Amazon has attracted the wrath of the author’s guild by trying to register the top-level-domain names (TLD) of .book and .read . Yes, I do understand the reason why writers can get angry about it, but I think it more or less shows how opening up TLD’s to be able to be privately registered just makes everything more confusing.
Ah, good were the times when you had four types of domains; .com, .org, .net and then your country’s own TLD set. That’s it. And if you were a commercial oriented company, or a private citizen who actually wanted a website, you targeted the .com TLD. Well, to think of it, I don’t think that actually changed at all. It has been already some time now that the TLD discussion flared up, of which the introduction of the .xxx domain name for adult oriented websites actually attracted the most attention.
Now, it actually sounds pretty nifty to own your own TLD, but most likely, you and I cannot afford it, since the registration costs alone are $185,000 and a yearly cost of $25,000 to simply run the registry makes it a steep investment. Not only that, the question is, should we really care? Because, in my opinion, domain names are a broken element by now. The simple reason why is the same reason why the increased number of TLD’s have been introduced; domain names don’t hold up when there is a multitude of productions that could fit the description of the name.
For example, how many stores could match the domain name ‘store.com’, which might be everyone, right? Or look at the small and medium-sized businesses that care their owner’s name? How many stores should have the desire to run Shirleys.com for example, or Smith.com. Domain names were a good way to cloak the real computer address. And with the ‘old’ computer addresses it was still possible to remember them, if you owned them yourself at least. But a number like 124.324.7.1 (yes, I know this is an impossible address, but since all IP addresses have been assigned, I wanted to add a bit of anonymity into the mix) is hard to get across in your marketing plan. Let alone the IPv6 that make our most impossible-to-guess passwords look like a pre-school gibberish.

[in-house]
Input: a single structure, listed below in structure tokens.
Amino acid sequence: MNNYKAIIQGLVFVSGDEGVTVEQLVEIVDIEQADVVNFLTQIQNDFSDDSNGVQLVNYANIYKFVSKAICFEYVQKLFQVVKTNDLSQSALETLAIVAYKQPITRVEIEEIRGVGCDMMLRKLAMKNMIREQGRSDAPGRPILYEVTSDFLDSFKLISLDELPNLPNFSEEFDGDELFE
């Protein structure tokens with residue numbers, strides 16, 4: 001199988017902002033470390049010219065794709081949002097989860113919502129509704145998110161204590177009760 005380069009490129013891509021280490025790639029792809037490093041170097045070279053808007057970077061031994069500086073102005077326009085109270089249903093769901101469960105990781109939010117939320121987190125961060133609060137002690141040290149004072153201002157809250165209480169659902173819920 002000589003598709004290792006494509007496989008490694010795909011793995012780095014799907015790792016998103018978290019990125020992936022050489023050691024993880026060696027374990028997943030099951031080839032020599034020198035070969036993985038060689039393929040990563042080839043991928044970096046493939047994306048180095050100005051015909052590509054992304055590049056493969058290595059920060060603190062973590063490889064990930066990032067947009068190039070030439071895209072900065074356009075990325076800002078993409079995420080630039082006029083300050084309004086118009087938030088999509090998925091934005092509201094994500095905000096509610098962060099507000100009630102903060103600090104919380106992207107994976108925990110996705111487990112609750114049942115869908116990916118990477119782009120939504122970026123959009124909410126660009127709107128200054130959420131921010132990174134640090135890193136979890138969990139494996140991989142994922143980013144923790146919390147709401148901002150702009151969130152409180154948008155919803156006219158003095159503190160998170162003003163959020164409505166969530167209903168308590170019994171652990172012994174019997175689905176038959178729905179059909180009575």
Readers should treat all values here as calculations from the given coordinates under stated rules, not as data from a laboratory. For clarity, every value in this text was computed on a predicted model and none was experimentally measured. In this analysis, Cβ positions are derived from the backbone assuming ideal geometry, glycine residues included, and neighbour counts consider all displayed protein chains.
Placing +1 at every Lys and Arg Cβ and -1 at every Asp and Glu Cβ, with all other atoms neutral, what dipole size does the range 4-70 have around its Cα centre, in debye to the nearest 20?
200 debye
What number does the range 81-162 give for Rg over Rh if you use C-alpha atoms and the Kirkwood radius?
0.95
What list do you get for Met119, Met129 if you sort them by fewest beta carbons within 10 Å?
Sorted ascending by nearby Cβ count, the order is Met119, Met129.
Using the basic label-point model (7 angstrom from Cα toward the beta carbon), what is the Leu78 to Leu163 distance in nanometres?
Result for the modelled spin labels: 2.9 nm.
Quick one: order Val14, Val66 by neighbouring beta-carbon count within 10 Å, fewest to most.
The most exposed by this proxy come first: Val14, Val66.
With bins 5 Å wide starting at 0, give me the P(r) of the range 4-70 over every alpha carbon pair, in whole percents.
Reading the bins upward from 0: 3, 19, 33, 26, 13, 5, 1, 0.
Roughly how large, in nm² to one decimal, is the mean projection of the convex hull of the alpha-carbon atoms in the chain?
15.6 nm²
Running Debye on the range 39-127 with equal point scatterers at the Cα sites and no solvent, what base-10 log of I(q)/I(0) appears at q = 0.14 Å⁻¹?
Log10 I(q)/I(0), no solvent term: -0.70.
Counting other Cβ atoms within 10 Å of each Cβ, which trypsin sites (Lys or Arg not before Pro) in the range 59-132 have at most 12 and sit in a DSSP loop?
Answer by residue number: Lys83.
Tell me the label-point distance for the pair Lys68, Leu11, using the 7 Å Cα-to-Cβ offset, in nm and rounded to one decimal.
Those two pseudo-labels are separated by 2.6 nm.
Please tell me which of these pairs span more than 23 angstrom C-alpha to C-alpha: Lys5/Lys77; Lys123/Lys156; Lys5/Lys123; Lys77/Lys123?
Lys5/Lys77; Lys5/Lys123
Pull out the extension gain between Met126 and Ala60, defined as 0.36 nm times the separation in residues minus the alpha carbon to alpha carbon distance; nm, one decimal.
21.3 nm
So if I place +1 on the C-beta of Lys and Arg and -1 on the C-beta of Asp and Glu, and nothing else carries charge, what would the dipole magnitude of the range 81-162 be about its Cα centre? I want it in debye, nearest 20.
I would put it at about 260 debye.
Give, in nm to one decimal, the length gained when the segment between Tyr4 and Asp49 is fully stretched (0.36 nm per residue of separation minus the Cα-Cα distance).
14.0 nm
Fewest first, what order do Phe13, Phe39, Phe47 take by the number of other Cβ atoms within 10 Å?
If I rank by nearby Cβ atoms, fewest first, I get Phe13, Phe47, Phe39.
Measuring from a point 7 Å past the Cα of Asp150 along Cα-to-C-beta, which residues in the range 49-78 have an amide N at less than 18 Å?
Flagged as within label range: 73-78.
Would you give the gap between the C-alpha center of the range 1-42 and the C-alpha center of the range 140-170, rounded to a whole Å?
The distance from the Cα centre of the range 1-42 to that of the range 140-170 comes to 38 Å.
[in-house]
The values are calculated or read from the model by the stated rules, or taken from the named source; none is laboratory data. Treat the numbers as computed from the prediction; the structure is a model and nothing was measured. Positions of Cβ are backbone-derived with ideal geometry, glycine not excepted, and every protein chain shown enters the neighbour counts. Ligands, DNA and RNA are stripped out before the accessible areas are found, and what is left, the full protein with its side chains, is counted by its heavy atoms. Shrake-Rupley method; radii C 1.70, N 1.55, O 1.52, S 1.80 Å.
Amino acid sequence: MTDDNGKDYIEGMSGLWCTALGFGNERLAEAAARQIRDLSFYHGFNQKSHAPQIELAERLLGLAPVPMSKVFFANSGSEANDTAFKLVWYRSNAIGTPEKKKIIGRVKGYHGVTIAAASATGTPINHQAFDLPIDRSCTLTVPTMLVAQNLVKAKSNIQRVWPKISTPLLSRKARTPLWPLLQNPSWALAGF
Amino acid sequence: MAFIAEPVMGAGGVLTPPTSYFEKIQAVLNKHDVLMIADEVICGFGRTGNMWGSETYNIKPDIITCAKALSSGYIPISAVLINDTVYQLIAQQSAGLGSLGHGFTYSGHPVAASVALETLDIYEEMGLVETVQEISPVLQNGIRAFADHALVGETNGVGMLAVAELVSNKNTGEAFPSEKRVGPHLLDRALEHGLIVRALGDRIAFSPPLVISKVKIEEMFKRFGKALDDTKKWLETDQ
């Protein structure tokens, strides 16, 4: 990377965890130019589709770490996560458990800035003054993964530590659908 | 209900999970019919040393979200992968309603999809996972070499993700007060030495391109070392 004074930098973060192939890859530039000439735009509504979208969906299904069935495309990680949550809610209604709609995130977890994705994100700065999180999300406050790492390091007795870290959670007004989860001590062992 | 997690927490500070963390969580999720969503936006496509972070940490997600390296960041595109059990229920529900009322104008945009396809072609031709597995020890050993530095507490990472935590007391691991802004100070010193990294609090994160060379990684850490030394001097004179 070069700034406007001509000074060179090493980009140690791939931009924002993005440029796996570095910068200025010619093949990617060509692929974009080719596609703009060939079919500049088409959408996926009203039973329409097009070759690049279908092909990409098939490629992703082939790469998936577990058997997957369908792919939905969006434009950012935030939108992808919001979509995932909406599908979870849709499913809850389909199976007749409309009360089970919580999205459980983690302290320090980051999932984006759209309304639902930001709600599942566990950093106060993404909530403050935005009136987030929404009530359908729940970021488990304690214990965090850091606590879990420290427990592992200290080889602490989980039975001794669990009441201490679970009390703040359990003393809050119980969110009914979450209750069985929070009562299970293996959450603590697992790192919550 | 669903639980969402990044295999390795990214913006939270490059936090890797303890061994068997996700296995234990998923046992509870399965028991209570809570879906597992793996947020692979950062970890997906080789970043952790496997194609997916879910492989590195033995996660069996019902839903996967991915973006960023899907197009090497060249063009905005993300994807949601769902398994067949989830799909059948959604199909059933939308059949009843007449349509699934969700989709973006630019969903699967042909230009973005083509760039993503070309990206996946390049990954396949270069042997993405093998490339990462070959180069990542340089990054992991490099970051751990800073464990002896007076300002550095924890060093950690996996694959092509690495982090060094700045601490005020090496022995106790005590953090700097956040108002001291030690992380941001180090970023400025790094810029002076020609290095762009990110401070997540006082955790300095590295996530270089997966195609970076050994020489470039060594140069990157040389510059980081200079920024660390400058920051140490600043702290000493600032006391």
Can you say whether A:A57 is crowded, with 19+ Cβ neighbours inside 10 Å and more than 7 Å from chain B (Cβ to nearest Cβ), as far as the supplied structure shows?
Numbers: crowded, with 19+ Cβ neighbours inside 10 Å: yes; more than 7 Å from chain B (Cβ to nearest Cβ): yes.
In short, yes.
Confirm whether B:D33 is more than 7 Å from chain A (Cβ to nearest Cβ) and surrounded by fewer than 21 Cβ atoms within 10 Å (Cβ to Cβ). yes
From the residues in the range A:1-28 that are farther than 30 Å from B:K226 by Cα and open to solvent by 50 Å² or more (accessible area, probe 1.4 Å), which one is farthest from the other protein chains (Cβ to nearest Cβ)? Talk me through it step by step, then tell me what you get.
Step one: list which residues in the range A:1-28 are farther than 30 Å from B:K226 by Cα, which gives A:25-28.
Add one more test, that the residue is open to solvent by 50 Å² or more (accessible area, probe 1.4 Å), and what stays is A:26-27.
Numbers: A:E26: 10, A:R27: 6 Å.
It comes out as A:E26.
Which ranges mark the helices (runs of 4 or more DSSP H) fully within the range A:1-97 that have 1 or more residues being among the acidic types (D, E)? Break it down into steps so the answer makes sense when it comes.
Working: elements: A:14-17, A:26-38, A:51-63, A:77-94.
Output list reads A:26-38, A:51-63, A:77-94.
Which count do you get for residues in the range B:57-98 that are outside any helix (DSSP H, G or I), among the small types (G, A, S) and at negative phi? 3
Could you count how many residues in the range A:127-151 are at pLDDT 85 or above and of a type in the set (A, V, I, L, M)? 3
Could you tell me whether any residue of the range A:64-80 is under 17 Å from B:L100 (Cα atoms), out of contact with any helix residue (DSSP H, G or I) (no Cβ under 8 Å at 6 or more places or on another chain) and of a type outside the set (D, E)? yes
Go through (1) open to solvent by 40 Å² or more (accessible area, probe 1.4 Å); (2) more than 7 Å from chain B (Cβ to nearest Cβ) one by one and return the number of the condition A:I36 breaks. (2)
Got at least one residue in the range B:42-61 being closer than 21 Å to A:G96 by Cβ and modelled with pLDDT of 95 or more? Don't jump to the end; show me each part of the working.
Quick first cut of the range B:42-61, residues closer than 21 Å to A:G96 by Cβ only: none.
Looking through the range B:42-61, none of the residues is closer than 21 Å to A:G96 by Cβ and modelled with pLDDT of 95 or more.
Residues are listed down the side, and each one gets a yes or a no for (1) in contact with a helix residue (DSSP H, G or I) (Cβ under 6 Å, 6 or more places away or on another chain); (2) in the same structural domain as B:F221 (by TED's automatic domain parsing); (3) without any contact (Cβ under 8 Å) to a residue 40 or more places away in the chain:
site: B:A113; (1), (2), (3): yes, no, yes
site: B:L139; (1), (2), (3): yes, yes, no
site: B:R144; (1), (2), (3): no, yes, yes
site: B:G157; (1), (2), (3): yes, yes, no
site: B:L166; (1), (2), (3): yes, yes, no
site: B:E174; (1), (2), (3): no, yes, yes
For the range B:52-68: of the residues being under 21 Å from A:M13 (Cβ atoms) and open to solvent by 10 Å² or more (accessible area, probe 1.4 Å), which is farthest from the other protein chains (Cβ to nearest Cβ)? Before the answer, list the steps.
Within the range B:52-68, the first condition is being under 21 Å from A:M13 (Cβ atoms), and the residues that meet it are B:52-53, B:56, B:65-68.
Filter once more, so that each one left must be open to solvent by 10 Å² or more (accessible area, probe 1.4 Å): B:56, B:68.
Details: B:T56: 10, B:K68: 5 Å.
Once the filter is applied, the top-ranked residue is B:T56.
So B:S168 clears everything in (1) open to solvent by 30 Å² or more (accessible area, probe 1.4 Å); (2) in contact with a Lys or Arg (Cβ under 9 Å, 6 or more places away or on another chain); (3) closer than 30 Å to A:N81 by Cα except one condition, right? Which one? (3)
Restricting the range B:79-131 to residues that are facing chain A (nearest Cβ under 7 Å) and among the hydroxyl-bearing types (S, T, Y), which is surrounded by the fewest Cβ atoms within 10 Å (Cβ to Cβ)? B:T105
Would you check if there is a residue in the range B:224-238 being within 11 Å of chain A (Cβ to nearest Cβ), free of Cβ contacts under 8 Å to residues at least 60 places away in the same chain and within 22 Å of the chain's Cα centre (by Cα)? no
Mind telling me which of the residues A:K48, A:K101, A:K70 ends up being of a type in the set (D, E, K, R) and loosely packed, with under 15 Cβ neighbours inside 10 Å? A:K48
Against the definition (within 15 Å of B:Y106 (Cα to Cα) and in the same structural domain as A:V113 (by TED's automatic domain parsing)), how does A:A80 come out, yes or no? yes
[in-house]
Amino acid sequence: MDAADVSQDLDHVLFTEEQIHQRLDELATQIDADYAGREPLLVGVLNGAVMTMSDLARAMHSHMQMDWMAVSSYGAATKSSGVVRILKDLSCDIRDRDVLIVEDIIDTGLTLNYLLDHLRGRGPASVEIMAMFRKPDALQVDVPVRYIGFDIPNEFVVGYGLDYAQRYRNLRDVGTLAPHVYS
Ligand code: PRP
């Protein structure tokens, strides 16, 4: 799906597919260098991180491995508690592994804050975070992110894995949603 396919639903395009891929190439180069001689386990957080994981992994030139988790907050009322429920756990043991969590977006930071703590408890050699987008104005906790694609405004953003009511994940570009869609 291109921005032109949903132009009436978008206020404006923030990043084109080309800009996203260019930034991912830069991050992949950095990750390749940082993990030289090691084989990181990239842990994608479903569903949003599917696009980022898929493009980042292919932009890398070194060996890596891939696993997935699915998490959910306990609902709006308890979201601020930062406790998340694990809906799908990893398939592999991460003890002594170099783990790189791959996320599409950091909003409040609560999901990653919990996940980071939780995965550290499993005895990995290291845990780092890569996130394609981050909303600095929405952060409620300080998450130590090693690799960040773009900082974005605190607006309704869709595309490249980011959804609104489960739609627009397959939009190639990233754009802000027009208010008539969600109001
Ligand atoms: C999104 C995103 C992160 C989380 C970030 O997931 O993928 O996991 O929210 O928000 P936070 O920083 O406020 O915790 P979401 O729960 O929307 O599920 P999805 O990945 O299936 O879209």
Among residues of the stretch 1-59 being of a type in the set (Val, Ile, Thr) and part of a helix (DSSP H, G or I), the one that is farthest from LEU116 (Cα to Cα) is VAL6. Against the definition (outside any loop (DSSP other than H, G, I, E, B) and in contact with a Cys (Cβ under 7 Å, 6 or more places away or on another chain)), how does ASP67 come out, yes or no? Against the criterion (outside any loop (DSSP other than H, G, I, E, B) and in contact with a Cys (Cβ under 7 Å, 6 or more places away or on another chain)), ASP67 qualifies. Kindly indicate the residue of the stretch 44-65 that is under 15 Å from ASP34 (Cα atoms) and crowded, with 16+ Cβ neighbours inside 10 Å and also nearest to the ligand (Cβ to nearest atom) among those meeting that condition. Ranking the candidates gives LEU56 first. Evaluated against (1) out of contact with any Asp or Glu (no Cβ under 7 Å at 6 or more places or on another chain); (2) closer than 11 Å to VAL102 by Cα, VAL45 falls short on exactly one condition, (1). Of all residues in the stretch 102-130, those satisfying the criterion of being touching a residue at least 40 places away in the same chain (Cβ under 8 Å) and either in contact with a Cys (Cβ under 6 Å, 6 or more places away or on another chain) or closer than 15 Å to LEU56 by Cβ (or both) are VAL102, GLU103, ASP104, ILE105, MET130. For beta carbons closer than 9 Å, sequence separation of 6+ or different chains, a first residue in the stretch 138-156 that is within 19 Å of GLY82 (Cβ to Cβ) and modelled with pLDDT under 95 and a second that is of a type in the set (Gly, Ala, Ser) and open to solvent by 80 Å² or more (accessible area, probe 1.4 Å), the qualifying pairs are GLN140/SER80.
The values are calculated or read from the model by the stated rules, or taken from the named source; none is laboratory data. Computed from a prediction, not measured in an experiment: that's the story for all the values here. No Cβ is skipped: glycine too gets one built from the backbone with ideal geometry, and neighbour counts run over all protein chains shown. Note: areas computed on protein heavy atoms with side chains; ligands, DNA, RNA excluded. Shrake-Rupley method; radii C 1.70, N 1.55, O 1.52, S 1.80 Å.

But, there was also a good thing about the limitation of TLD’s; you could guess the domain of the site you wanted to go to; sears.com if your were at Sears, or, airlineticket.com if you wanted to book a ticket. Most site-domains were easy to guess. But just like the original IPv4 addresses for computers, it can only hold this many elements before it becomes cluttered. If .book and .read are registered, in one or two years time, will I still know if I have to read up on the latest of Douglas Preston and Lincoln Child on .com? .read? .book? maybe even .lincolnchild? I don’t know. Or you want to follow-up on Lord of the Rings…. should you go to .book, .com, .movie, .game
Actually, that thought of having TLD’s as categories, might seem like a good idea for a moment, but it vaporizes again when you think about that it doesn’t solve any problems with limitations in domain names at all. Companies will buy up the remaining domain names asap anyway. Do you really think that Sears won’t immediately register its name in all the other TLD’s? And then, there still is the issue.
Domain names show by now their limitation. No matter even, the whole concept of the TLD’s is completely useless. What should a private user care if something is .com or not. It has no meaning to a regular person. Sure, we, who are a bit more into the logistic part of the web know, but let’s be real, isn’t it time for something new? Something that works a little bit better?
Although I am not a big fan of the QR code, because it requires an extra step, it is something that holds a bit of the solution in my opinion; it is an abstract, easy and quick way to connect. It doesn’t have a name, and just like a domain, it points you through. What should I care if the domain name of the store that I am in in New York City is called thisismystorenyc.com or not. I just know, I want to visit the website, and I can go there right away. And there will be such a new cloaking system. A bit better than the QR because it is only linked to being able to scan it (so it is difficult to communicate through any other means of communication that is not visible), but something the like.
Domain names are limited, but extending the amount of TLD’s doesn’t solve any problems, but only create new ones. Some people earn a lot of money with it, but in the end, no one will get any use out of it.